This iteration of Godzilla introduces an atomic glow effect along the dorsal spines and the inner mouth. Unlike the 2019 poster version, this figure aims to be more accurate with what’s seen on screen. Before we get more into that, let’s talk about the paint application on the head… The eyes are painted a metallic blue with no overspray on the sculpt, and since there are no pupils there is no need to worry for misaligned eyes. Depending on your lighting situation, the eyes have a nice reflecting effect. Regarding the paint in the mouth, your mileage may vary figure to figure. It features a bright metallic blue color on the teeth, the tongue, and the gums. While lighting does play a factor in the overall aesthetic, there is absolutely no shading done in the mouth. I think this is why the mouth seems so bright in a lot of promotional event photos. Without shading, the reflective blue really stands out, maybe too much. You can see the effect that they were going for but I think it might be a little too bright for my taste. If you would like to tone down the blue, I highly recommend purchasing a black wash and applying that to the inner mouth. This will help lessen the shine and also add some natural shading into the mouth.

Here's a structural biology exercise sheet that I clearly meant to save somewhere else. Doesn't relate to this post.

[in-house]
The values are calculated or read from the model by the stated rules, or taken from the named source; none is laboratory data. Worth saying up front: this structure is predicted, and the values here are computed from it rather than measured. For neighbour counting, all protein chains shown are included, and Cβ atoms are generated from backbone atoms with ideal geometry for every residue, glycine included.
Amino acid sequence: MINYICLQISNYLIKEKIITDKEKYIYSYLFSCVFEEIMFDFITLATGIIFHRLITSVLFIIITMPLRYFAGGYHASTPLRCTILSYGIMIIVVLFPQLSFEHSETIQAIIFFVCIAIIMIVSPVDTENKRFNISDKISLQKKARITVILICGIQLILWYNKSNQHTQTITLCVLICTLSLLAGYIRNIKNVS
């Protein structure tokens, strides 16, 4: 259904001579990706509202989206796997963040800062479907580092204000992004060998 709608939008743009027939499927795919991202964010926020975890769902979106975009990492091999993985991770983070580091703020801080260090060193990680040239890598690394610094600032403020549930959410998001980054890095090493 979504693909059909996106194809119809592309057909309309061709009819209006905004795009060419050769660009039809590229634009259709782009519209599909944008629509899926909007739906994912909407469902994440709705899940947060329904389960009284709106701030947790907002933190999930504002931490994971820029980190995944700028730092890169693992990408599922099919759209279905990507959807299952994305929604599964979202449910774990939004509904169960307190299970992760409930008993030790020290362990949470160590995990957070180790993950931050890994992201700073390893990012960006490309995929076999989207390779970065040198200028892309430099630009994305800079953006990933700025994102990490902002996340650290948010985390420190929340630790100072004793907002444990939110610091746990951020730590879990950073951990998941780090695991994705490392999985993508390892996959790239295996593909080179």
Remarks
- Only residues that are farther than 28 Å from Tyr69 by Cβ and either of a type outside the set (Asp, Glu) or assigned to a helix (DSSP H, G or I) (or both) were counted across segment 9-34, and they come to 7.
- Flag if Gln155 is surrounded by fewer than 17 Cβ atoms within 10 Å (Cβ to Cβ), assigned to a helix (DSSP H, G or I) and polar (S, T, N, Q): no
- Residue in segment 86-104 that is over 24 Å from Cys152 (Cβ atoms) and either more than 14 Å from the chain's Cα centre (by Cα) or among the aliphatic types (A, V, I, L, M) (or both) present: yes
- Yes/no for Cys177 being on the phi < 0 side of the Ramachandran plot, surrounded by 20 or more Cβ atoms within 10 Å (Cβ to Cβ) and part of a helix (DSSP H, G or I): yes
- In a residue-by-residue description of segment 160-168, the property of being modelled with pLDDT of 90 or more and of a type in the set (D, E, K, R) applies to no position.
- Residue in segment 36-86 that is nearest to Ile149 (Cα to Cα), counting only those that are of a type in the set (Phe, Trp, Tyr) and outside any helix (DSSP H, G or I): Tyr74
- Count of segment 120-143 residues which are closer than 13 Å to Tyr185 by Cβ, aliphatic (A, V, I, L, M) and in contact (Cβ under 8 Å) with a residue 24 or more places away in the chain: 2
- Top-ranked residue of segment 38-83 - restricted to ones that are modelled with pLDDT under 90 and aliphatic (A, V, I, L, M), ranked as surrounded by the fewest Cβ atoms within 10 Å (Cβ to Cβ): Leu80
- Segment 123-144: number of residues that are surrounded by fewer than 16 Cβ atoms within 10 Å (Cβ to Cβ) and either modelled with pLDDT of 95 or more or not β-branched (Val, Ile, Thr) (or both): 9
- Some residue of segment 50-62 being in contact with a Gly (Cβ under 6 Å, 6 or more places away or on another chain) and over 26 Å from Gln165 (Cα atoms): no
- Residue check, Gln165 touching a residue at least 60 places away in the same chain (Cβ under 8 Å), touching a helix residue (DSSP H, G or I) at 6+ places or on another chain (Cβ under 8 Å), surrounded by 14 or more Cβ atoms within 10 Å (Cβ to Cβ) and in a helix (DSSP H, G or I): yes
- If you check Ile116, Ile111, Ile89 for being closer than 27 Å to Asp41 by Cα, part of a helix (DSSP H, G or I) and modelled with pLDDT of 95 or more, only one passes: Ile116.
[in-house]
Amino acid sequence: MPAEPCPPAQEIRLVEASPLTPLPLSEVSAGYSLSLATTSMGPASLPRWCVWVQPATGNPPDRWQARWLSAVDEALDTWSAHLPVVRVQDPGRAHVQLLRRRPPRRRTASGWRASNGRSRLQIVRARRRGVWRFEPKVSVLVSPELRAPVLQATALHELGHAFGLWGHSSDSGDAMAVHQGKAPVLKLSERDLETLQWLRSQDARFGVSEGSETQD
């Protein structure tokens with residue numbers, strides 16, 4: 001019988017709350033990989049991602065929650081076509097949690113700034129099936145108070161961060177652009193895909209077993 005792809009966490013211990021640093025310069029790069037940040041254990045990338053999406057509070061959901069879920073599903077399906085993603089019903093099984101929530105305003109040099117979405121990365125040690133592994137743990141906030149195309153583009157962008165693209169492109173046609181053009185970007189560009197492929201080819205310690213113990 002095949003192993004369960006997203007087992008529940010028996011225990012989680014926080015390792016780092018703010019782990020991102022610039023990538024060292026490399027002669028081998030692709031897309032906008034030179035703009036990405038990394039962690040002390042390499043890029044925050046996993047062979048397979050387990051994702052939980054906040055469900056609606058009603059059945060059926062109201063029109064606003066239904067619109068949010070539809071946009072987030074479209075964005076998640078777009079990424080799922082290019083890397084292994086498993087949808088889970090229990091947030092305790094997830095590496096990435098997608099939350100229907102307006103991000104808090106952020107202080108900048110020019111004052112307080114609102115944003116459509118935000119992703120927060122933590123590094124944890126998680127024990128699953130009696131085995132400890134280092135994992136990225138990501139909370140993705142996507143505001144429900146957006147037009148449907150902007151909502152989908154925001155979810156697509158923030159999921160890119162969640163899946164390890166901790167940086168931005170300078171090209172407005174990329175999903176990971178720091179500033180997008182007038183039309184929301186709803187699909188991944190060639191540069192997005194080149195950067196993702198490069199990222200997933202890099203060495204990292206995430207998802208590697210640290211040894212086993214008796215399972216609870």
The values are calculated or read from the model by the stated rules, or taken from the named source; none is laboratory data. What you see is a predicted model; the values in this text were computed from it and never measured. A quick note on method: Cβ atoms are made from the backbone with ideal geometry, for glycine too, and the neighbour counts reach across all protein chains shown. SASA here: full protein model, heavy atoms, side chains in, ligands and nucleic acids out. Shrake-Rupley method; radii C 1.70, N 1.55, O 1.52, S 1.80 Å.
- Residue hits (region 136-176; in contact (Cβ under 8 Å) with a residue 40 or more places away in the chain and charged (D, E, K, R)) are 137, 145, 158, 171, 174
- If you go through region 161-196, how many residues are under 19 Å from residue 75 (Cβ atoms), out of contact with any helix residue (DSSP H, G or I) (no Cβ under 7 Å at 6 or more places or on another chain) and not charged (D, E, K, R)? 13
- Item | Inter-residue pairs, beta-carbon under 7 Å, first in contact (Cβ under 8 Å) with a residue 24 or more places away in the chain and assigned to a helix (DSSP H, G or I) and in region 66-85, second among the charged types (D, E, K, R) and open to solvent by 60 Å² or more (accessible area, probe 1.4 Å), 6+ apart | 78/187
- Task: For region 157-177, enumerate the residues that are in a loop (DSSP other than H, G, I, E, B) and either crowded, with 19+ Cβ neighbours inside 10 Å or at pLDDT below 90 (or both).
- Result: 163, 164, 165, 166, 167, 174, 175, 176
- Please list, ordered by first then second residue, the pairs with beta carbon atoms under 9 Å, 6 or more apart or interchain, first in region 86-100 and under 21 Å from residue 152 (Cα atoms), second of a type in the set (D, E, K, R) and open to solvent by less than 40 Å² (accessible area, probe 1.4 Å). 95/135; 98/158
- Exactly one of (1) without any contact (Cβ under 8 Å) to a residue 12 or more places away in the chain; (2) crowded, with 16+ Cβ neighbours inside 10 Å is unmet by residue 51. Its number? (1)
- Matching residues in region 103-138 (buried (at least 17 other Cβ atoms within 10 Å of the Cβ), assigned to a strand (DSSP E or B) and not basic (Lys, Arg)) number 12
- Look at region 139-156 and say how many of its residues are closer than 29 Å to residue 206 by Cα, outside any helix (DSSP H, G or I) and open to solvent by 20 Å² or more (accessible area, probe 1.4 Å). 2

The main body of the figure is painted a grayish dull green, similar to the 2019 version. However, light brown highlights are dry brushed onto the neck, chest, and abdomen area. Compared to the 2019 version, it’s consistent and doesn’t fade or lack color throughout. The claws also have a light brown dry brush effect so that they stand out from the hand. The claws on the feet have slight dry brushing effects that highlight the bone-like detailing.

 

The dorsal spines pop with a metallic blue color. They did a fairly good job at painting all the way down to the tip of the tail. To achieve this effect, it looks like the dorsals were painted metallic blue first and then dry brushed the ridges and crevices with the body coloration. The blending at the base of each dorsal is excellent—no abrupt paint transitions. The blending is consistent all the way to the tip of the tail. I’m absolutely pleased with the atomic blue effect. This is probably the most precise application I’ve seen, regarding the atomic glow effect, on an S.H.MonsterArts Godzilla figure to date.